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How democracy could become a threat

This piece originally appeared in issue 3-4 of New Eastern Europe . Subscribe now.

September 12, 2016 - Andrzej Poczobut - Articles and Commentary

Poczobut. Belarus

Why support Belarusian civil society? In 22 years of Alyaksandr Lukashenka’s reign, I have heard different answers to that question in Poland: “because it is the right thing to do”, “it is necessary to stop the rebirth of the Soviet Union”, “by doing so, the ‘Solidarity’ movement repays its debt for the support it received from the West in the 1980s”, “security reasons”, etc. There is a strong belief that this investment would quickly pay off. The pro-European, democratic and independence-oriented opposition would be able to tear down the post-communist and pro-Russian regime introduced by the Belarusian president, a collective farmer with a strange haircut and a Soviet mentality, who seemed to be an easy target. His future collapse was perceived to be a consequence of a natural set of events. So, why not help Belarus and foster this process?

No alternative

Years have passed and Lukashenka remains in power. His political opponents are marginalised, plunged into quarrels and alienated in the Belarusian political reality. A grey-haired, pudgy Lukashenka continuously repeats rhetoric from a previous epoch, all the while gripping Belarus in both hands. Lukashenka’s power seems to be stable and is not threatened by anything. The opposition has transformed from the West’s pupil into a whipping boy. It cannot even meet the expectations of its supporters, despite its best efforts, and it is blamed for all their defeats.

Therefore, it should come as no surprise that it is increasingly being said that there is no point to focus on Belarusian civil society and that instead, it would be better to normalise relations with Lukashenka. Those who promote such rapprochement believe that working with the Belarusian president would be an opportunity to tempt him with western support and that by cultural osmosis, some western ideas will disseminate in his milieu. This is meant to be a “new” approach to Belarus. The democratic activists and oppressed independent media and NGOs become irrelevant in such circumstances. They can easily be pushed into the background in the name of political realism and good relations with an omnipotent Lukashenka.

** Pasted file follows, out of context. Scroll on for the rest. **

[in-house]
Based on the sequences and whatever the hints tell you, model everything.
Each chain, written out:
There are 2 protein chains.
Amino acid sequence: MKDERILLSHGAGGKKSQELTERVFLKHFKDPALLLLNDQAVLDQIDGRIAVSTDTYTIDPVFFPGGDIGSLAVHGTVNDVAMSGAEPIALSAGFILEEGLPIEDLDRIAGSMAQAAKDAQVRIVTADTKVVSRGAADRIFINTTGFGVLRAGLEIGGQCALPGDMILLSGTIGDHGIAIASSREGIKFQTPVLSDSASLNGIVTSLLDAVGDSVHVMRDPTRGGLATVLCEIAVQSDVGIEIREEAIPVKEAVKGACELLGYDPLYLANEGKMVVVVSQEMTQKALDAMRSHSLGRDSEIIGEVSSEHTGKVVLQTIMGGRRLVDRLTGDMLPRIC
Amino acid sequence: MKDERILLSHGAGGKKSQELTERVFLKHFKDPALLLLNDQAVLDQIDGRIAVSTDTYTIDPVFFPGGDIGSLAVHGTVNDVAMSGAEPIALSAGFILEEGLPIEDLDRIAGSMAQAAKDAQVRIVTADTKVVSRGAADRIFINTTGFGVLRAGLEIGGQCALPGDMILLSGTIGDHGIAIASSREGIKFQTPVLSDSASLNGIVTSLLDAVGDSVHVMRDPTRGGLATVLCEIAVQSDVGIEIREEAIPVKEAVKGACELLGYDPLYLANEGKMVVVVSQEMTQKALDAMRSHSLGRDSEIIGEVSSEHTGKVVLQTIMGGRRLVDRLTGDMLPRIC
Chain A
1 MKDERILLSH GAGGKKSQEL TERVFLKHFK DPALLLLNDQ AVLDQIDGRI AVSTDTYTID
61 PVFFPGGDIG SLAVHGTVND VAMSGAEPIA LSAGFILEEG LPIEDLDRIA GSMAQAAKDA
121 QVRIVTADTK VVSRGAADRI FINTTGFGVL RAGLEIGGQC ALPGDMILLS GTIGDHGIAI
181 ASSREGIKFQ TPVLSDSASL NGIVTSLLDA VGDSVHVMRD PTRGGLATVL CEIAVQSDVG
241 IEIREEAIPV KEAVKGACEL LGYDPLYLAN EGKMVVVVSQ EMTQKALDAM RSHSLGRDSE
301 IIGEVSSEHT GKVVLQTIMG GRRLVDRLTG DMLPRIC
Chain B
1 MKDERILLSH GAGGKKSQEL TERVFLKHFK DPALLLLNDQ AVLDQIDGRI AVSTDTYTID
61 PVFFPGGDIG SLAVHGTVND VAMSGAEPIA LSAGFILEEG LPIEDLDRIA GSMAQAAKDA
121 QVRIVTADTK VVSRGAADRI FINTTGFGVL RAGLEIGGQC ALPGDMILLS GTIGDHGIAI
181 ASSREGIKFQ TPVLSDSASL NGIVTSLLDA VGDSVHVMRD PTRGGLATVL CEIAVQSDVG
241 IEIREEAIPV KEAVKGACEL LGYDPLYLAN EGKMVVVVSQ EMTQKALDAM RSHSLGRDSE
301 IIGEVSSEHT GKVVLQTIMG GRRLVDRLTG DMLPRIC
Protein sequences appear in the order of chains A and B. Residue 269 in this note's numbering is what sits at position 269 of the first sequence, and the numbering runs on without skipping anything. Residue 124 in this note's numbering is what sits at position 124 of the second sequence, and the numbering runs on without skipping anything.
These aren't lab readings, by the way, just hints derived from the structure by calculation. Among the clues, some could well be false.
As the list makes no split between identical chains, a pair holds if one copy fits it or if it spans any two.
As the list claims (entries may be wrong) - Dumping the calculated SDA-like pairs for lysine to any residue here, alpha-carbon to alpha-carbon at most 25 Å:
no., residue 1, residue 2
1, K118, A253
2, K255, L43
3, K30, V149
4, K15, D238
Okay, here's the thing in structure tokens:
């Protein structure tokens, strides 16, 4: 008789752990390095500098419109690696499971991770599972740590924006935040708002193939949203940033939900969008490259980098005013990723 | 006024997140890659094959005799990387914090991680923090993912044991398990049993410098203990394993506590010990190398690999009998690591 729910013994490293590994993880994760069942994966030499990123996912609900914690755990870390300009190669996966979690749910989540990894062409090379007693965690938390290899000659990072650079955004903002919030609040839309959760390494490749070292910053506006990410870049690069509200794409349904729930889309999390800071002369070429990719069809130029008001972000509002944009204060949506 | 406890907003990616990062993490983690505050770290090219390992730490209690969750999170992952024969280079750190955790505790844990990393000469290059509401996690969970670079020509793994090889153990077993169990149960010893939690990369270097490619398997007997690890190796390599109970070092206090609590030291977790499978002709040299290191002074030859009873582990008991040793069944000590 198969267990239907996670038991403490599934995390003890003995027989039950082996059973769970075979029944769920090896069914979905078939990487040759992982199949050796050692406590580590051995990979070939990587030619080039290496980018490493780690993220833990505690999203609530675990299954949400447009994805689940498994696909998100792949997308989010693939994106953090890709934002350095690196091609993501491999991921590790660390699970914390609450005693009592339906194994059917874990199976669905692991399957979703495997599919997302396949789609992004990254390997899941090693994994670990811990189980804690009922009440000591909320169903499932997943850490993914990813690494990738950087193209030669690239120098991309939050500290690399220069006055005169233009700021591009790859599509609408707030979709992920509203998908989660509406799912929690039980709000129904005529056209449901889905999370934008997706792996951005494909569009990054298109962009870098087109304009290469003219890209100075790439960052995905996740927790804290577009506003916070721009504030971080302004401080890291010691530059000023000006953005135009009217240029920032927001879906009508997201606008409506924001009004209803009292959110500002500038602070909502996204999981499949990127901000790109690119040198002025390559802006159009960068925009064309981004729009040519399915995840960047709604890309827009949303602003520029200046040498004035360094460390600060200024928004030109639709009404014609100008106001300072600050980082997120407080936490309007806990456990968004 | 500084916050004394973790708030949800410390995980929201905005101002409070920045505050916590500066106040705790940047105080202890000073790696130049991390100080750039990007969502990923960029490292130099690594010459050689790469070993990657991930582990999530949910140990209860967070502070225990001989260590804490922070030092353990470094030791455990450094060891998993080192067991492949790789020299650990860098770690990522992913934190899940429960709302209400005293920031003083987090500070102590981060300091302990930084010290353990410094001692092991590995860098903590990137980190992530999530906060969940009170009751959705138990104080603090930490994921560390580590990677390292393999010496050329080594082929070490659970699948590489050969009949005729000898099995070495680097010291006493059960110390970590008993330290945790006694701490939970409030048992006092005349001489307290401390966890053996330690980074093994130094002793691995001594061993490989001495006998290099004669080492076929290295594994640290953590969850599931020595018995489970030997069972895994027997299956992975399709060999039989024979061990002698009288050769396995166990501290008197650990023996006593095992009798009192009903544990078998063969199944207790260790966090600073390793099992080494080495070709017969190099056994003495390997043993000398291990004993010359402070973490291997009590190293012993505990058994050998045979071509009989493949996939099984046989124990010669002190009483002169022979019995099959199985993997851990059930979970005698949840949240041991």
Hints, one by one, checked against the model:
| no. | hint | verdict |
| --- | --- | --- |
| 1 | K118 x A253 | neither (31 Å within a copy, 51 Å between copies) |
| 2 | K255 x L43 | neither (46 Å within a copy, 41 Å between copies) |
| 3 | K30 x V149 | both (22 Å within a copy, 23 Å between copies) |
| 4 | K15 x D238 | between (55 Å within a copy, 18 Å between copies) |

The current mood seems to be in favour of establishing official contacts with Minsk. This is likely related to Russia’s aggressive policy in Ukraine and a never-ending anti-western campaign echoed not just in Russia but throughout the whole post-Soviet area, including Belarus. The Lukashenka regime, trying to stay moderate, got stuck between an aggressive Russia and the West, which has been trying to calm it down. Within the last several months, the Belarusian regime has made certain friendly overtures towards the West. It released political prisoners in August last year. The presidential election campaign, even though it was not particularly different from preceding ones in terms of a lack of democratic standards, did not result in mass repressions against the regime’s opponents.

Among Belarusian political analysts and those who are professionally involved in Belarusian affairs it is frequently claimed that it was the annexation of Crimea that scared Lukashenka and forced him, in a way, to turn towards the West in order to balance against Russian interests. In this narrative, Lukashenka presents himself as a statesman who has been carefully leading his nation, balancing between the West and Russia. In the eyes of the West, he must be a very similar figure to Viktor Yanukoych, the former president of Ukraine, who in 2012-2013 was tempted by an EU Association Agreement and fruitful co-operation with the West. The West easily fell victim to Yanukovych’s signals, believing that he was acting independently from Russia and that he had a pro-European position. We know today that this was not the case.

On the winning side

It is very unlikely that Lukashenka’s ultimate choice would be different, not necessarily because of any political and economic links between Belarus and Russia, but because of Lukashenka’s way of thinking. His reality sees Belarusians and Russians as one nation. He sometimes calls Belarusians “higher quality Russians” and openly declares Moscow to be “his capital”. In this situation, the part of the Belarusian opposition that does not share Lukashenka’s pro-Russian views, along with NGOs and independent media, remain the only elements of Belarusian society which are consistently pro-European. At the same time, the intensification of contacts between Belarus and the West has significantly reduced the scale of anti-western propaganda in the Belarusian state-owned media. Lukashenka himself tries to avoid such narratives. A politician who not so long ago called on Russia to join a mutual crusade against the morally bankrupted West has now become a dove and an apostle of peace.

“We have borders with the West and we do not want any conflict, neither political nor diplomatic. The West makes up half of our balance of trade. If it turns to us and wants to co-operate, we should agree. We will try to normalise our relations with the West,” said Lukashenka in December 2014.